(Updated 11/17/13) Google’s somewhat-delayed update to its semi-annual transparency report was released this morning and we’ve just started crunching the numbers, but thought we’d share a handy visual overview that Google Blog posted in the interim, along with a few of our own graphics.
Quick summary: The government requests for user accounts info and user data just keep on coming, particularly in the U.S. They have doubled since 2010 — 25,900 requests in the first half of 2013 compared to 13,400 in the same period of 2010. And the US now makes up 42% of all requests, compared to 32% in 2010.
On the bright side, the percentage of U.S. requests that eventually led to some data being released has been steadily declining. It was 83% in the first half of this year and 94% at the end of 2010. The type of request that had the highest chance of leading to data being released: A wiretap order (100% in 7 cases). The least likely: A court order that wasn’t a subpoena or search warrant, with 69% of cases ending with data release.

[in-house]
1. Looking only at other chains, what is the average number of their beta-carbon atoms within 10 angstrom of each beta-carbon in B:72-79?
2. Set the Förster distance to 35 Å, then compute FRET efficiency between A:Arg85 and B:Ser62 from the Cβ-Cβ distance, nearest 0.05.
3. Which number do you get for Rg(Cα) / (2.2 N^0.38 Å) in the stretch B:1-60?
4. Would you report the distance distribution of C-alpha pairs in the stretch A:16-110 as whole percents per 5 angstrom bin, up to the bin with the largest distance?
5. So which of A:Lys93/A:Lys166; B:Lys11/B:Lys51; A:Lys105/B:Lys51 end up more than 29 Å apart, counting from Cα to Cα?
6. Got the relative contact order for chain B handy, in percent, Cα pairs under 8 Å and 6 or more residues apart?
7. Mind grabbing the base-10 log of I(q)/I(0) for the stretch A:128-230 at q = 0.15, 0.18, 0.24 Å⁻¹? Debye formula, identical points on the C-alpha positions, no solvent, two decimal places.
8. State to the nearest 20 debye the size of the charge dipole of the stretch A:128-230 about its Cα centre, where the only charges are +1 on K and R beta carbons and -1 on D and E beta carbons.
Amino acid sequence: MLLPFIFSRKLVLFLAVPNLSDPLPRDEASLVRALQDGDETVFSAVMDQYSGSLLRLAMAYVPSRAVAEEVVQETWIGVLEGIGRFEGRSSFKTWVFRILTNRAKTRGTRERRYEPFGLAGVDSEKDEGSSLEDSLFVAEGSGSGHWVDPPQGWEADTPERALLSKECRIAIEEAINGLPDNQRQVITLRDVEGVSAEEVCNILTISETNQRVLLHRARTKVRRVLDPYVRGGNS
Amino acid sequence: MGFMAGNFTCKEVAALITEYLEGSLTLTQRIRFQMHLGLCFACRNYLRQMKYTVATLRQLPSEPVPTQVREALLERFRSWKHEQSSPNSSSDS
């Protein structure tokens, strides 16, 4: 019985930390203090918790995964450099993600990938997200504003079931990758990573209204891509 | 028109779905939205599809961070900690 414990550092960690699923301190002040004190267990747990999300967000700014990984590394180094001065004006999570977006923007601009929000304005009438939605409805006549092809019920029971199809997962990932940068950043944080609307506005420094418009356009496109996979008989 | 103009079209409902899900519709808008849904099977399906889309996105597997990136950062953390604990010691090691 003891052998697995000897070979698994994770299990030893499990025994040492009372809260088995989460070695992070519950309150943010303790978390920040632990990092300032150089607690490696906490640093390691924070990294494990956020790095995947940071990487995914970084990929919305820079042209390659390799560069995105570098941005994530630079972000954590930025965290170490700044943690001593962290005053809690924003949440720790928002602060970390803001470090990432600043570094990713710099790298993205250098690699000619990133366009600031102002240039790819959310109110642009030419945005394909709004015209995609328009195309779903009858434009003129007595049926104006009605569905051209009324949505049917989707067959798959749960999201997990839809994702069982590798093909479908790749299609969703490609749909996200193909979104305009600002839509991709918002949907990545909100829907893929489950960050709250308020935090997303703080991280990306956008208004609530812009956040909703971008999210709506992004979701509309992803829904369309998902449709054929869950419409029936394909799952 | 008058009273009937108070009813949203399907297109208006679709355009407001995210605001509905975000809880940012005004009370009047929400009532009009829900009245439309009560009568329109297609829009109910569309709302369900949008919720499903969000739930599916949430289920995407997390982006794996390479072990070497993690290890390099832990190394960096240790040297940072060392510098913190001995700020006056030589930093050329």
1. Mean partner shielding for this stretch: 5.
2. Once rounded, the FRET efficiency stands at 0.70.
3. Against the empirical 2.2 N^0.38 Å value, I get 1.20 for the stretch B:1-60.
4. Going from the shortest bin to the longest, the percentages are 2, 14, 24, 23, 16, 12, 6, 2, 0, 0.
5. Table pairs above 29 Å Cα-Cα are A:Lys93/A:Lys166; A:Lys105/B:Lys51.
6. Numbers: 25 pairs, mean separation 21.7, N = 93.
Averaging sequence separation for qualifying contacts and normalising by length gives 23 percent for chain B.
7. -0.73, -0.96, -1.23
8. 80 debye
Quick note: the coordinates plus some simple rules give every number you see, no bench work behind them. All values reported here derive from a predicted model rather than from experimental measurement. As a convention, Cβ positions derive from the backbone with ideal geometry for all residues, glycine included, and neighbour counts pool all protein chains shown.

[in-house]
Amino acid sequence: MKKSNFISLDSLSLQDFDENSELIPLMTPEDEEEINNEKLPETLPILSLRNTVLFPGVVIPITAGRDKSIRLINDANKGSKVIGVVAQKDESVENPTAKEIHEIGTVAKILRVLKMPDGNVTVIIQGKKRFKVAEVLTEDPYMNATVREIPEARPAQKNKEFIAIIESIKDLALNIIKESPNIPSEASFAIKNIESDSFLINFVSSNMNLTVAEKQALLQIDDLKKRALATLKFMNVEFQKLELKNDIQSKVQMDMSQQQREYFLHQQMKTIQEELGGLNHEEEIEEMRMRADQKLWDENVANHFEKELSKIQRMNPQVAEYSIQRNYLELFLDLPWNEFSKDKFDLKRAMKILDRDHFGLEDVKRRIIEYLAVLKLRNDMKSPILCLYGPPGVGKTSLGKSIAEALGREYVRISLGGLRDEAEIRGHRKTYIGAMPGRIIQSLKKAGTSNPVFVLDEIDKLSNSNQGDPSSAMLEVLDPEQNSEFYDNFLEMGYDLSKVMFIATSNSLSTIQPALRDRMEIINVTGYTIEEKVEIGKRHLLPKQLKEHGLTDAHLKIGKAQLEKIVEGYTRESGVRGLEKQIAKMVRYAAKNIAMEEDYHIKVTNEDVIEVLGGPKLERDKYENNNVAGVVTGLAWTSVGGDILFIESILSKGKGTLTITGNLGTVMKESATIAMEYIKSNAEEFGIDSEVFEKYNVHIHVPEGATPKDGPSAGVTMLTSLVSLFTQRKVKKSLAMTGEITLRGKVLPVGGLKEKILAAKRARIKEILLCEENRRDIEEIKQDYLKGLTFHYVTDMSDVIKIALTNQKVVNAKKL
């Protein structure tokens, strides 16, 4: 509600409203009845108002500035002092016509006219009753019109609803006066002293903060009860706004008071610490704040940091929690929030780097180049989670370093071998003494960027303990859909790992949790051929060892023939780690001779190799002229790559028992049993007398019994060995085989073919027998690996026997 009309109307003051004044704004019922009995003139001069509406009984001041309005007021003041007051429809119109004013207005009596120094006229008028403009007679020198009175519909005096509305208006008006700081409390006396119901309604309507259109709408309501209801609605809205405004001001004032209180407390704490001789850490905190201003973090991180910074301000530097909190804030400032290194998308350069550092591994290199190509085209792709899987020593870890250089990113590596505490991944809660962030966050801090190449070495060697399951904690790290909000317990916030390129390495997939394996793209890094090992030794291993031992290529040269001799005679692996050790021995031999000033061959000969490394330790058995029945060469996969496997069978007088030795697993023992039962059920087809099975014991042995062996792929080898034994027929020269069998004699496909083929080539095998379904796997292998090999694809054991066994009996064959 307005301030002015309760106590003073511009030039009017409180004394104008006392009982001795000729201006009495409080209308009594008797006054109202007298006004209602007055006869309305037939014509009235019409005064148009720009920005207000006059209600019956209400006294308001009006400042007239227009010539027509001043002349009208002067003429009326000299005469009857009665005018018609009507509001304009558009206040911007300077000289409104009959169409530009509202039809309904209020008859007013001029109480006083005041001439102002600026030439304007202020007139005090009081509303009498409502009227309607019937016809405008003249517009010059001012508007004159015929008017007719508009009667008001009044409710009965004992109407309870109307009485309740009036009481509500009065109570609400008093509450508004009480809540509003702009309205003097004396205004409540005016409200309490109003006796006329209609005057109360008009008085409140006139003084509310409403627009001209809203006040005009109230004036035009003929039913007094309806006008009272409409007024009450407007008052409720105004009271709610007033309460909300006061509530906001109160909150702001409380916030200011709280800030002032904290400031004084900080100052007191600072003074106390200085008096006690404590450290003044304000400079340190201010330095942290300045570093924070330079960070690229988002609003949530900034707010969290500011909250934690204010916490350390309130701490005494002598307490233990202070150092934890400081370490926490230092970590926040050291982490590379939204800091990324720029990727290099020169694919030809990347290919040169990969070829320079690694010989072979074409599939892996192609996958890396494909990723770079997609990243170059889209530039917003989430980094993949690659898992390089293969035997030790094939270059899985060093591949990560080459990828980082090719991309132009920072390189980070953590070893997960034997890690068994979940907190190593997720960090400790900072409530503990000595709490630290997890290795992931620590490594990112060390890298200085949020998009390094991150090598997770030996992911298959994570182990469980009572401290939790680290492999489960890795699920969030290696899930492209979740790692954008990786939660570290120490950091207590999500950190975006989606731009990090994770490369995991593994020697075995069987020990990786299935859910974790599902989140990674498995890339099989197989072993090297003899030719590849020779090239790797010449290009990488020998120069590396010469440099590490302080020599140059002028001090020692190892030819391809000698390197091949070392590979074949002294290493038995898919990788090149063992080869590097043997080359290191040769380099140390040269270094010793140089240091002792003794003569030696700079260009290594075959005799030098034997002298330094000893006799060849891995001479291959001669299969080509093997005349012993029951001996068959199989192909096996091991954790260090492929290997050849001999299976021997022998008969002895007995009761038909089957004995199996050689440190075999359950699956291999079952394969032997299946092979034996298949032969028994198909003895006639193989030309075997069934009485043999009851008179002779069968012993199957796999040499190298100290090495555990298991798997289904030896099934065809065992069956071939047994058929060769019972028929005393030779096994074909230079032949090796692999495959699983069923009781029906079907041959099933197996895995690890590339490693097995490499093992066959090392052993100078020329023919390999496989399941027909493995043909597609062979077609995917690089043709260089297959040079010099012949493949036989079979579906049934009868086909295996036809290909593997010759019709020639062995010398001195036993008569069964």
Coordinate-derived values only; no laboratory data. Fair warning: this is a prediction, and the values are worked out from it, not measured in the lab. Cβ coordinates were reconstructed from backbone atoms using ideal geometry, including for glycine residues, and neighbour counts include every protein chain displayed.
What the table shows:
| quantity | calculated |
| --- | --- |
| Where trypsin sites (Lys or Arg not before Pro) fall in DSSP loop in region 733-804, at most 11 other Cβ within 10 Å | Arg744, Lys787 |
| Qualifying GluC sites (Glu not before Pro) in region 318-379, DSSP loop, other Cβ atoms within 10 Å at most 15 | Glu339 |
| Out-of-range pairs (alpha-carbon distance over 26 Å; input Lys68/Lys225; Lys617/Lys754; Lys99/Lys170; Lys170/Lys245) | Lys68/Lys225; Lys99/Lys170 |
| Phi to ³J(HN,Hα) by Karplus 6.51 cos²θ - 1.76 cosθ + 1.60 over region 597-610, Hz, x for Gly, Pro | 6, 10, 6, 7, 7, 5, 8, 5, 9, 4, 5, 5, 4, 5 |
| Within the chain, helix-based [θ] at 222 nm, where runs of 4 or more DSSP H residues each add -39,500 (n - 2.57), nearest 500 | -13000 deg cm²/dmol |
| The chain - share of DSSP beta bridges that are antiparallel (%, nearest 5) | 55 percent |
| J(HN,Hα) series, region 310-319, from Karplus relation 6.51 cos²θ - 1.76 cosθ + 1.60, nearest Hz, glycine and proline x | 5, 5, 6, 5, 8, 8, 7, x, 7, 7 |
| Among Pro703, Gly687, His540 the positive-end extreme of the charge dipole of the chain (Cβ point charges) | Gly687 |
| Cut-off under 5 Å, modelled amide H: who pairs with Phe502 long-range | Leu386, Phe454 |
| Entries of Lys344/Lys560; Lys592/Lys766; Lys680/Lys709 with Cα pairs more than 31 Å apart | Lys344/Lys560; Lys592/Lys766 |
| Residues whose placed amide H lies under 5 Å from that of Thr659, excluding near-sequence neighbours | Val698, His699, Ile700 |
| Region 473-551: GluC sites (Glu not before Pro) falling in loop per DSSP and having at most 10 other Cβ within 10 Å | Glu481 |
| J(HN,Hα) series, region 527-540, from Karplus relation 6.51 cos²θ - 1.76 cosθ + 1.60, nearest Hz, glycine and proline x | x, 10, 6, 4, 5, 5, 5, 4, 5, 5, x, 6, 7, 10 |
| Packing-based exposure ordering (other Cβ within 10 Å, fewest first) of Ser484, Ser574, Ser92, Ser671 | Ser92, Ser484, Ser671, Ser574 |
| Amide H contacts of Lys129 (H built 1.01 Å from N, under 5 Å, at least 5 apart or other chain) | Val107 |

And here’s a chart we at OTB put together to show how the authorities come knocking.
And now that Google has weighed in, here is a summary of all the major companies that are now issuing transparency reports.